FHA has permitted streamline refinances on insured mortgages since the early 1980's. The "streamline" refers only to the amount of documentation and underwriting that needs to be performed by the lender, and does not mean that there are no costs involved in the transaction.
The FHA Streamline Refinance is designed to lower the interest rate on a current FHA mortgage or convert a current FHA adjustable rate mortgage into a fixed rate. A Streamline FHA Refinance Loan can be performed quickly and easily. FHA Streamline fixed mortgages require much less hassle and paperwork than a normal refinance including no appraisal, no qualifying debt ratios and no income verification.
What is the FHA Streamline Refinance? The FHA Streamline Rrefinance has been around since since the 1980s. A Streamline Refinance is the much like a normal rate/term refinance, but with reduced paperwork. It does not eliminate the fees or costs associated with refinancing, however, some fees and costs may be reduced because of the reduced paperwork and requirements that must be met.
What are the basic requirements for an FHA Streamline Refinance? * The mortgage to be refinanced must already be FHA insured.
* The mortgage to be refinanced should be current (not delinquent). * The refinance is to result in a lowering of the borrower's monthly principal and interest payments.
* No cash may be taken out on mortgages refinanced using the streamline refinance process.
How much can I refinance? The maximum amount for an Streamline FHA loan is determined by
* Maximum Loan Amount The maximum loan amount allowed for FHA Refinance Mortgages varies from county to county. The highest maximum FHA mortgage right now is $729,750. The lowest maximum amount available in any county is $271,050. To see what the limit is in the county in which you're interested, visit the following site https://entp.hud.gov/idapp/html/hicostlook.cfm. This site lists U.S. territories as well as states.
* Maximum financing: Depending on the state where the property is located, the maximum FHA financing for an FHA Streamline Refinance (No Cash-Out) will be 97.75% of either the appraised value of the home with a new appraisal or the previous loan amount.
More information on FHA Refinance.
FHA Refinance Loan FAQ's
Are there any out of pocket expenses for an FHA Refinance Loan? Generally, there are no out-of-pocket expenses incurred with an FHA Home Refinance, other than the appraisal fee. FHA Refinance Guidelines allow all other closing costs, including lender fees, to be included in the new loan amount, provided that the home will appraise for that amount.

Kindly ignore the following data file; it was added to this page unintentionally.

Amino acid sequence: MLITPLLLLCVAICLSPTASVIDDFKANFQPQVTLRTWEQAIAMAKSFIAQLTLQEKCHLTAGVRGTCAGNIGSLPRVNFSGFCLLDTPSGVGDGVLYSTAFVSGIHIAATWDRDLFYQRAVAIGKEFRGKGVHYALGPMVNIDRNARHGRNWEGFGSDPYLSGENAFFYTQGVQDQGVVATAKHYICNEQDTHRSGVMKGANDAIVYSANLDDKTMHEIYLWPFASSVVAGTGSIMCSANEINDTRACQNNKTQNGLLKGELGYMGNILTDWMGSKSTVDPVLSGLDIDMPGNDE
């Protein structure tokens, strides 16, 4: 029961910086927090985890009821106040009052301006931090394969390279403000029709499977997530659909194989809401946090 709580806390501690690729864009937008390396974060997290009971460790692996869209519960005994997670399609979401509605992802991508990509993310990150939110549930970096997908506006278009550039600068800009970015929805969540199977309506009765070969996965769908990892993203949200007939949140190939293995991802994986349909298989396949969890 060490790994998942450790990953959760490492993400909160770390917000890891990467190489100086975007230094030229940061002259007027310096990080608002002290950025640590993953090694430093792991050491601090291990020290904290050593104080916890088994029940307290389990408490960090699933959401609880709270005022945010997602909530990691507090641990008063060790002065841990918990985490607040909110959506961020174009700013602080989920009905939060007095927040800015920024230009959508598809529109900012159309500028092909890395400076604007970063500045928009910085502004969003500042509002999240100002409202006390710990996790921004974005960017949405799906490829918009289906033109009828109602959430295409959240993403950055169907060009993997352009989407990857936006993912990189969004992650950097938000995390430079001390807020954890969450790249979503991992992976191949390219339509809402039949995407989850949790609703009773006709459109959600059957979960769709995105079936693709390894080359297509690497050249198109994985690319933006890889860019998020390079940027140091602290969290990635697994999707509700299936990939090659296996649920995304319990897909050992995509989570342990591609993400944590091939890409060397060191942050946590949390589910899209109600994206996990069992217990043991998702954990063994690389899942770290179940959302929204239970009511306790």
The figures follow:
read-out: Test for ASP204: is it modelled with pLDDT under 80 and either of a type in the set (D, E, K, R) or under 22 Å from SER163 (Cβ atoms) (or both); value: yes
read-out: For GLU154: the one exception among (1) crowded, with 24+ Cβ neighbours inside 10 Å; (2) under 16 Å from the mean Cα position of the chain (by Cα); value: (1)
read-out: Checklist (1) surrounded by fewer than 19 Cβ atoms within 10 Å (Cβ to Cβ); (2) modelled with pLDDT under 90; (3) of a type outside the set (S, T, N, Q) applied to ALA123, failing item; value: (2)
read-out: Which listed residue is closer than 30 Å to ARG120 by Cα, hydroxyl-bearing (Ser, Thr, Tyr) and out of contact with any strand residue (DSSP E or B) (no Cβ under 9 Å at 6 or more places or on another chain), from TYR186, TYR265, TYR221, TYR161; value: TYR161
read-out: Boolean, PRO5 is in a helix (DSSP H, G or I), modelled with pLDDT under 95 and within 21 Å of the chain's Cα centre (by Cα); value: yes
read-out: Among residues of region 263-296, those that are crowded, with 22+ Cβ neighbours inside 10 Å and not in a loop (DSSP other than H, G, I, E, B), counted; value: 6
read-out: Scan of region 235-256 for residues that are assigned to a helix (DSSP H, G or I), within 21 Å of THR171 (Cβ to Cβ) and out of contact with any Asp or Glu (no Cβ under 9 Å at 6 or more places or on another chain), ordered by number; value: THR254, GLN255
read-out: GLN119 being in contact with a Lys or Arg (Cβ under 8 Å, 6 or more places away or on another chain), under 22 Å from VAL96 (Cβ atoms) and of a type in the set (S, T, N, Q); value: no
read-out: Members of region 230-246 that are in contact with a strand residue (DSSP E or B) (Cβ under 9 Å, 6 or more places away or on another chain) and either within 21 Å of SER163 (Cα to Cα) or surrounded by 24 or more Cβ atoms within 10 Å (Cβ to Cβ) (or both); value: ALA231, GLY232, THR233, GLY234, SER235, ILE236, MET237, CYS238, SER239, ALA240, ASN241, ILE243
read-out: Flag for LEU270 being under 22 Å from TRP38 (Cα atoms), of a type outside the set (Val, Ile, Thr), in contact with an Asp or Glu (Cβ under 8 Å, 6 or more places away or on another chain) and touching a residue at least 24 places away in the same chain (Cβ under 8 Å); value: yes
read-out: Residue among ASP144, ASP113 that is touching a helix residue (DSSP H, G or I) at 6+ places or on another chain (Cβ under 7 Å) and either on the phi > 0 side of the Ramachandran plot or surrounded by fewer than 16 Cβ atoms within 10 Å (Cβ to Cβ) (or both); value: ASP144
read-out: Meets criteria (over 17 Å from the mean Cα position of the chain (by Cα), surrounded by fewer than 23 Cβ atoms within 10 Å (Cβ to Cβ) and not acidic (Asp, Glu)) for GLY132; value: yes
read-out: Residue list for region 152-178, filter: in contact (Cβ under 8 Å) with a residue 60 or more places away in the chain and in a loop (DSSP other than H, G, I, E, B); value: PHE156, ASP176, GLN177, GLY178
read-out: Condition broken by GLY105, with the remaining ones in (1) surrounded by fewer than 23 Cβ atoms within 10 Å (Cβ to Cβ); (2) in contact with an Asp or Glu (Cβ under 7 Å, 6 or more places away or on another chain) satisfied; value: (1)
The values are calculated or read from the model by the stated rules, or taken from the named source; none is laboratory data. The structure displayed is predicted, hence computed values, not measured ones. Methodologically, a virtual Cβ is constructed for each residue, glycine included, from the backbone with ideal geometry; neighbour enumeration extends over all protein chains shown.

Can I take cash out of my home with an FHA Refinance? Yes, with an FHA Cash Out Refinance, the home owner obtains a new FHA Mortgage Refinance for more than the amount owed on their current mortgage; meaning the homeowner pays off the current mortgage and then has additional cash to use however they want. They maximum loan amount for an FHA Cash Out Refinance is 85% of the homes current appraised value.
What are the guidelines for an FHA Refinance Loan? If the borrower wishes to take cash out of the property, then the maximum FHA Home Loan Refinance amount is 85% of the current appraised value. If the borrower does not take cash out then the maximum financing will be 97.75% of the appraised value of the home or the amount you are refinancing plus closing costs, whichever is lower.
Why should I consider refinancing into a FHA-insured mortgage? FHA Refinance Loans do not come with prepayment penalties, have no teaser rates nor balloon payments. They are offered at market rate with terms up to 30 years and are fully amortized, meaning that you pay towards principal and interest every month.
What if I have a prepayment penalty and other refinancing costs and there isn’t enough equity in my home to refinance? If you do not have sufficient equity in your home to add your prepayment penalty and/or other refinancing costs into your new FHA Mortgage Loan Refinance, then you should ask your lender to consider a second mortgage to pay the difference or a short payoff on your existing loan. Offering either of these options is at the discretion of the lender.
Does it matter that the value of my home is now less than what I still owe? The mortgage lender considering the refinance will have to be willing to accept a short payoff on the existing loan OR to hold a second mortgage to make up the difference needed to pay off the existing mortgage and the home’s value.
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